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The bond between children and animals can bring joy, love and a lifetime of special pets that can even mean better health. But laying the foundation for a healthy relationship – one that will last the lifetime of the pet – is the key. 

Paula Church, Community Relations Coordinator for Greenville County Animal Care, said she is often asked how old a child should be before a family adopts an animal.

“The parents know the maturity of the child,” she said. “At the end of the day, they’re kids. Parents need to be willing to take on that responsibility. They need to have a realistic expectation.”

Angel Cox, Chief Executive Officer for The Spartanburg Humane Society, echoed that sentiment.

“The first thing parents need to do is set up accurate expectations for the age,” she said. “Sometimes parents come in with a 5- or 6-year-old and say they will be feeding the pet to teach them responsibility. That’s an unrealistic expectation.”

Cox often talks with school groups and camp participants about responsible pet ownership.

“We want them to understand that it’s a living, breathing thing,” she said. “Our ordinances and laws don’t look at a pet as a member of the family. They are looked at as property.”

Cox said even small children can be taught to check the cabinet to determine how much pet food is left, even if they aren’t old enough to take responsibility for feeding. They can go along on walks, even if they can’t yet handle the leash. 

Shelter animals can make wonderful pets. Adopting from a shelter or rescue group can also make an immediate and direct difference in the problem of pet overpopulation. But not every family is ready for a pet – and that’s OK.

“Everybody needs to be on board,” Church said. “If anybody is wavering, maybe it’s not the time. You want the whole family to have an opportunity to meet the animal and spend time with them.”

It is a good idea to introduce potential new pets to any animals already in the home as well.

Cox said families should consider the needs of the animal before making a choice.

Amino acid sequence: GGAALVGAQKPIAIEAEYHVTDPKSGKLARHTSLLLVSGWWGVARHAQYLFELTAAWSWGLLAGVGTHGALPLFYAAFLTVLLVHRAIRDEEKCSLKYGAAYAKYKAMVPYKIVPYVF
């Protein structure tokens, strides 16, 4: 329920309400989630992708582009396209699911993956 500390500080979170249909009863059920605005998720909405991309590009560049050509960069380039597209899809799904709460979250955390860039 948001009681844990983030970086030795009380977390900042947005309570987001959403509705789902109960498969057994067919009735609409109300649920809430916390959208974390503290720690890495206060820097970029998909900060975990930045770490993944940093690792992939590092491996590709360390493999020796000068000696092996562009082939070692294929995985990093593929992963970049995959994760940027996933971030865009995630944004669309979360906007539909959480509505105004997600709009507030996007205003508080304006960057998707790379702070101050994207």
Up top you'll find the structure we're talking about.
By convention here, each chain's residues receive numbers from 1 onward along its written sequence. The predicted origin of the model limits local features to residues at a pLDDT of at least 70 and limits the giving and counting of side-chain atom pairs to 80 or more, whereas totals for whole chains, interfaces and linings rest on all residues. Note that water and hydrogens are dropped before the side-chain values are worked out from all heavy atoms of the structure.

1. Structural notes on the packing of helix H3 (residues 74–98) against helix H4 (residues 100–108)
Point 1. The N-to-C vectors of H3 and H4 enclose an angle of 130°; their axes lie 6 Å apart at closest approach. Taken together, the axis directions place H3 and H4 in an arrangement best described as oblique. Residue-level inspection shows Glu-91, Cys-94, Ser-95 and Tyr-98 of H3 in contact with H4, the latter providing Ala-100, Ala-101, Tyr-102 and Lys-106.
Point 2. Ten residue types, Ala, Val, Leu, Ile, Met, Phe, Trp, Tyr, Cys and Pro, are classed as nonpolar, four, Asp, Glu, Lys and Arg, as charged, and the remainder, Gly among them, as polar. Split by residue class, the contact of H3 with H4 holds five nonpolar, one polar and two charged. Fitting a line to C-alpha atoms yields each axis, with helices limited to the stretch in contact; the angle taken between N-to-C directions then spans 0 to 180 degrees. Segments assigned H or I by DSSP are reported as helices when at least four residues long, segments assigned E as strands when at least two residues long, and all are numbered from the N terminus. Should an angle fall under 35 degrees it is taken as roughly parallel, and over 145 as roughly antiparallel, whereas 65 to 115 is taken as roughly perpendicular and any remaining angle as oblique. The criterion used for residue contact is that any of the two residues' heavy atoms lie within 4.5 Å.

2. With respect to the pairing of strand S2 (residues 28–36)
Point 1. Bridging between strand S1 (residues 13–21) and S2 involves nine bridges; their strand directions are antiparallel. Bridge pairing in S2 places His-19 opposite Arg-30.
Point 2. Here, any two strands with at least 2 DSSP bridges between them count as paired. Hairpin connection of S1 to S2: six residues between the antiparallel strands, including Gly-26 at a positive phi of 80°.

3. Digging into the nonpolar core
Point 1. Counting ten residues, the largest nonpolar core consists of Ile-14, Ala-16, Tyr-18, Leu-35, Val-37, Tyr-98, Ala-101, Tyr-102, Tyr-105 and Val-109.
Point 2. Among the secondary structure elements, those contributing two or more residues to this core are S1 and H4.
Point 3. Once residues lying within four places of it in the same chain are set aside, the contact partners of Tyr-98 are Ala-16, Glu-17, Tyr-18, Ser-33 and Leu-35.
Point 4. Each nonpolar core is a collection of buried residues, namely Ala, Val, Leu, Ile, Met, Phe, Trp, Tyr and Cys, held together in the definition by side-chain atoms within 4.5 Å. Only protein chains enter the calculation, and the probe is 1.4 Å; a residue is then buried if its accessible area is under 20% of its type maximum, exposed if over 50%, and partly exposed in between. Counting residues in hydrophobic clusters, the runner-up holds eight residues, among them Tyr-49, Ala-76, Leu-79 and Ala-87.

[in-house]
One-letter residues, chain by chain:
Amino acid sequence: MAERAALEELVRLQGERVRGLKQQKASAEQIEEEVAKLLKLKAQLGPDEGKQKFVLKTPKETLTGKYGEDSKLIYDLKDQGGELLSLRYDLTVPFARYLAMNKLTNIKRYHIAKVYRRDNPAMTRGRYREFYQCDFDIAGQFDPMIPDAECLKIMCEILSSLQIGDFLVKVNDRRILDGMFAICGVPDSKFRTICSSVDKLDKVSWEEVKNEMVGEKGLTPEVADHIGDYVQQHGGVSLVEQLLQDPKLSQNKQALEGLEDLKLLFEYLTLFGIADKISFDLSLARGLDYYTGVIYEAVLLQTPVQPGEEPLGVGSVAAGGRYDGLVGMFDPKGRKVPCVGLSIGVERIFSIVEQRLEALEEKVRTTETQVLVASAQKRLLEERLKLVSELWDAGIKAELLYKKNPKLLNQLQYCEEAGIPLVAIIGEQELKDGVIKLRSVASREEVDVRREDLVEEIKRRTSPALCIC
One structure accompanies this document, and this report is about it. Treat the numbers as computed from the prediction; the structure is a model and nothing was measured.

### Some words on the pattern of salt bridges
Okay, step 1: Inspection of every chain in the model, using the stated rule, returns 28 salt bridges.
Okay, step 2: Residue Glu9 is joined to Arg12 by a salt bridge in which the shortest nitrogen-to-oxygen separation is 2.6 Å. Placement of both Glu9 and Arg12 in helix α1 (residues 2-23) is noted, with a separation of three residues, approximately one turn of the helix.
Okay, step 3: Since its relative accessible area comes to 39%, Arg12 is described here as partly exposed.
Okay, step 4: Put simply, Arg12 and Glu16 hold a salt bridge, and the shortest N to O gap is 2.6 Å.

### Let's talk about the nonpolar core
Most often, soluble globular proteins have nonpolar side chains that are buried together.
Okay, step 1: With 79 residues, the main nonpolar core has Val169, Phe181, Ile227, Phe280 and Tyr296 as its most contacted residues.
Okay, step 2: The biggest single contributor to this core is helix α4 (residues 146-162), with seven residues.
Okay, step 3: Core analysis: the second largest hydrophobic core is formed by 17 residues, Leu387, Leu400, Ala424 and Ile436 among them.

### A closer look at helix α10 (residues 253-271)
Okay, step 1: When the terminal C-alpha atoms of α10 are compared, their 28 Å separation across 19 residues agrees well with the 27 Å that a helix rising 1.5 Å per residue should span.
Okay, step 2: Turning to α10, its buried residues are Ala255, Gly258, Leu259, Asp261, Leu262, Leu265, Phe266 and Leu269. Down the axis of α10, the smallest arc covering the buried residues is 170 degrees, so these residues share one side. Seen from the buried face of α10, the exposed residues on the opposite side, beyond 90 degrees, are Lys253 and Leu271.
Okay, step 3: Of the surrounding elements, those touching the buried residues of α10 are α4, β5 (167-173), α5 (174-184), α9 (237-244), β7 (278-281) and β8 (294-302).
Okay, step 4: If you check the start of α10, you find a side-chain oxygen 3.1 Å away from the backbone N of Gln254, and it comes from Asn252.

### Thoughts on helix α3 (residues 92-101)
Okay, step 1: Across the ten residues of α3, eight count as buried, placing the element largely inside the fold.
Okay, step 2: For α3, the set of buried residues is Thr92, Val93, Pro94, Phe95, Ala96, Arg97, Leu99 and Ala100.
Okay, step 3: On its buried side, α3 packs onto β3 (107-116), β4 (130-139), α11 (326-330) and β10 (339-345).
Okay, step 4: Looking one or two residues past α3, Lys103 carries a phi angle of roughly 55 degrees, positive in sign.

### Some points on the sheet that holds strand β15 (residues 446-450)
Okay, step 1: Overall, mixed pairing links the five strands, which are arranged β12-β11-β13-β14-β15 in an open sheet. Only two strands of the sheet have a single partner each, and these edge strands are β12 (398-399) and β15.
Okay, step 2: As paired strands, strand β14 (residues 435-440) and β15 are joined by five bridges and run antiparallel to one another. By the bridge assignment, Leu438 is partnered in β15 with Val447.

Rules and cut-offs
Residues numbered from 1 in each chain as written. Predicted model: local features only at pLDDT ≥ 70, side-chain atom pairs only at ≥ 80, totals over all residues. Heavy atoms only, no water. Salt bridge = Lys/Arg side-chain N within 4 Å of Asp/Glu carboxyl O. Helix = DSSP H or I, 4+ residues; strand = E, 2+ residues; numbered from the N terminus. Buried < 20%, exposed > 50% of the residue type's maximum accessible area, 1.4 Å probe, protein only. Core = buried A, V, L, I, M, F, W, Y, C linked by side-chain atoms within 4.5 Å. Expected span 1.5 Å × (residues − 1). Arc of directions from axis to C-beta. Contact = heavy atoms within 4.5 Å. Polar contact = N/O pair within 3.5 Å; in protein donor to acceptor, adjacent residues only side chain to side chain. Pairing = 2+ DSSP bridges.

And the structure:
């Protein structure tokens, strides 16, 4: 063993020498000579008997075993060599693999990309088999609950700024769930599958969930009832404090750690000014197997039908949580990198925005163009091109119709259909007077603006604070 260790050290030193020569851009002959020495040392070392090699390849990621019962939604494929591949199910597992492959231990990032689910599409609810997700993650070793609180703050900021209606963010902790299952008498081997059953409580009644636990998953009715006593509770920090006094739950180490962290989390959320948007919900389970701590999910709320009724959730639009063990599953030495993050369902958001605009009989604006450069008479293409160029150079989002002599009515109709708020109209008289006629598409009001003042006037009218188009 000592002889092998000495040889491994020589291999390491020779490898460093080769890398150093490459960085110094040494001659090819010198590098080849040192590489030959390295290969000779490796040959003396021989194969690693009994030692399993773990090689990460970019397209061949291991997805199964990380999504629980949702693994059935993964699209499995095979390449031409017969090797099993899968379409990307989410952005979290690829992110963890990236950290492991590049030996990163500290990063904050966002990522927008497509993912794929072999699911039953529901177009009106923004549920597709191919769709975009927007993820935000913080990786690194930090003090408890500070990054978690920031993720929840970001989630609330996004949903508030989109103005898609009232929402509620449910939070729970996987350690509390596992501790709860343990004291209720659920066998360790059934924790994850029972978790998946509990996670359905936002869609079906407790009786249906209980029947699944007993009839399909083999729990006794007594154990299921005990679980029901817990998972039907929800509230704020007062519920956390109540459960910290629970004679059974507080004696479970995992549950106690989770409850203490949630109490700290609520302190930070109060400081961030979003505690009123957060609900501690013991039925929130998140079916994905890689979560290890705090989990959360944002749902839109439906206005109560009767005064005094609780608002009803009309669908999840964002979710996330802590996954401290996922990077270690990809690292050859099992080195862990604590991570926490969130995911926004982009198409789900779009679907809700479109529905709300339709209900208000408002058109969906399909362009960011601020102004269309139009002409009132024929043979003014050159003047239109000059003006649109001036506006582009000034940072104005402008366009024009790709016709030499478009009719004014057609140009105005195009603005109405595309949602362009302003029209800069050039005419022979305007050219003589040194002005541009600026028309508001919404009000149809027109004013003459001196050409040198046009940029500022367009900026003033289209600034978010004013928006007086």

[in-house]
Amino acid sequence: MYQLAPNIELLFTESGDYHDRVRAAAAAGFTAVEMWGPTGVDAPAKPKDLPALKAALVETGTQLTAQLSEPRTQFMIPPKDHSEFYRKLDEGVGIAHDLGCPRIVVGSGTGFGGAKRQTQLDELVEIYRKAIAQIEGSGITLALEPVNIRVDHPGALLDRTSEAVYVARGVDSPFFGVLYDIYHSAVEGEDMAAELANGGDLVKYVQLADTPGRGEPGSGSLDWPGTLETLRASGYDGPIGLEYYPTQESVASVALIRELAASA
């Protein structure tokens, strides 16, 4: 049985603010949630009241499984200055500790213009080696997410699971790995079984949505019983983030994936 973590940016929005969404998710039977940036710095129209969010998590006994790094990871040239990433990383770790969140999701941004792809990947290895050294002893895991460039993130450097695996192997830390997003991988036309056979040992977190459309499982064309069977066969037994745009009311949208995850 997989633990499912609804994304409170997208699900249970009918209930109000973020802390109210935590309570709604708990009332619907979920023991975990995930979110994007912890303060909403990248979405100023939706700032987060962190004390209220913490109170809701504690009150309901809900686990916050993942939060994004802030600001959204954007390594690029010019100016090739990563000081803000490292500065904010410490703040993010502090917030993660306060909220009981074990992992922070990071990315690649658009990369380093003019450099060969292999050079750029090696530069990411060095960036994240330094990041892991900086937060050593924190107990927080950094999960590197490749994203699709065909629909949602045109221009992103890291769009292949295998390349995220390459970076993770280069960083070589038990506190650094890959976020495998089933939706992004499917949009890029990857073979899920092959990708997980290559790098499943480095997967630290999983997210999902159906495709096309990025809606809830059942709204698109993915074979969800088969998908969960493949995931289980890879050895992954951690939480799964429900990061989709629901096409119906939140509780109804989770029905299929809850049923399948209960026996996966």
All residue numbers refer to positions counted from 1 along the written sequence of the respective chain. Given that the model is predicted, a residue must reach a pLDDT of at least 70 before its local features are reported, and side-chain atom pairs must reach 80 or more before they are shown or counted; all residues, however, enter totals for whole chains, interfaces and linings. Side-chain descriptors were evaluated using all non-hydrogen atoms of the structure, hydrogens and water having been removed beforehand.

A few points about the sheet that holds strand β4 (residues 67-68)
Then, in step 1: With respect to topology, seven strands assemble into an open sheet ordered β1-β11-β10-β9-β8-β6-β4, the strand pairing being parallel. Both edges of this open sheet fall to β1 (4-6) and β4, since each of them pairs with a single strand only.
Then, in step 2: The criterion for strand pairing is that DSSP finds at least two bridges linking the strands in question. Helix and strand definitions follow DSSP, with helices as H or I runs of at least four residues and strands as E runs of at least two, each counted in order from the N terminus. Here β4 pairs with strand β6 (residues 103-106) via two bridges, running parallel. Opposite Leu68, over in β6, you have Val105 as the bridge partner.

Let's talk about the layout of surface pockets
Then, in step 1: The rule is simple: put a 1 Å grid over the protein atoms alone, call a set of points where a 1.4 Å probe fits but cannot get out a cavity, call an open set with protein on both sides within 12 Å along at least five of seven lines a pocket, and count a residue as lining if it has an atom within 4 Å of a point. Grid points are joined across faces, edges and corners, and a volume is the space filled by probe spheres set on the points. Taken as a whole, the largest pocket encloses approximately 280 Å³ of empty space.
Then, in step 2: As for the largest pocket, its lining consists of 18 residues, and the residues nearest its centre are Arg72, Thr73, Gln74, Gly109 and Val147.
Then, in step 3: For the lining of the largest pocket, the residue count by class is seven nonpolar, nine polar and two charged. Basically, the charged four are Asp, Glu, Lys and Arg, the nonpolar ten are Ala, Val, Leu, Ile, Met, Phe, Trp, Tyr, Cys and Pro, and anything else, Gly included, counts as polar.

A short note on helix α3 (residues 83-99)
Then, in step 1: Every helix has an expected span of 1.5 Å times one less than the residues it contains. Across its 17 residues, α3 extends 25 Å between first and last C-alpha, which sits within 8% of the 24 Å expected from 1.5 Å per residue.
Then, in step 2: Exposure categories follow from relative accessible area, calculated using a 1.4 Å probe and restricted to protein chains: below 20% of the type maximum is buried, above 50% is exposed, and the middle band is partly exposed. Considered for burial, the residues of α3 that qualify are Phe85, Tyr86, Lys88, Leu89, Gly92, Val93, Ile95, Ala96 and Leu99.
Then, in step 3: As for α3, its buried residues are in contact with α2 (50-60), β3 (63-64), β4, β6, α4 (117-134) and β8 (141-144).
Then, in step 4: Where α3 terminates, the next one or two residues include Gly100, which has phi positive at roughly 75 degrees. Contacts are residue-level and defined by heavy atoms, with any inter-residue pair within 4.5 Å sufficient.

“Puppies are cute and adorable, but a Lab puppy is going to be a big dog and is going to be a puppy for 5 or 6 years,” she said.

Consider the costs of vet care, grooming, boarding and food. Ask questions of shelter staff if you are unsure what any particular animal might need.

Camps and classes can be a great way to teach children about pet ownership, animal care and more.

“In the first session of every single camp, we talk about animal body language and we learn to speak dog,” Church said. “It’s important for kids to learn the signals. There’s a statistic that 77 percent of all dog bites happen in the home with the family pet.”

Cats can be the best choice for some families.

“Cats are always in need of good homes,” Church said. “You want to do your due diligence and make sure it’s a friendly cat that will do well in a home with children.”

If a family wants to test the waters of pet adoption, fostering an animal can be a great start. 

“That might be a good way to go if you’re on the fence about what it will do to the family dynamic,” Church said. “Our goal is for everyone to have a good experience.”

Once the choice is made, training can help everyone – including the pet – understand each other. 

“There’s the adage that you can’t teach an old dog new tricks, but you can,” Church said. “You just have to know how.”

Setting the family and the pet up for success really can lead to a beautiful friendship.

“Pets are not throwaway toys,” Cox said. “That happens a lot. Pets are part of the family. It is a lot of work, but it is so worth it.”

Want to learn more about how to prevent dog bites? Visit www.thefamilydog.com/stop-the-77.

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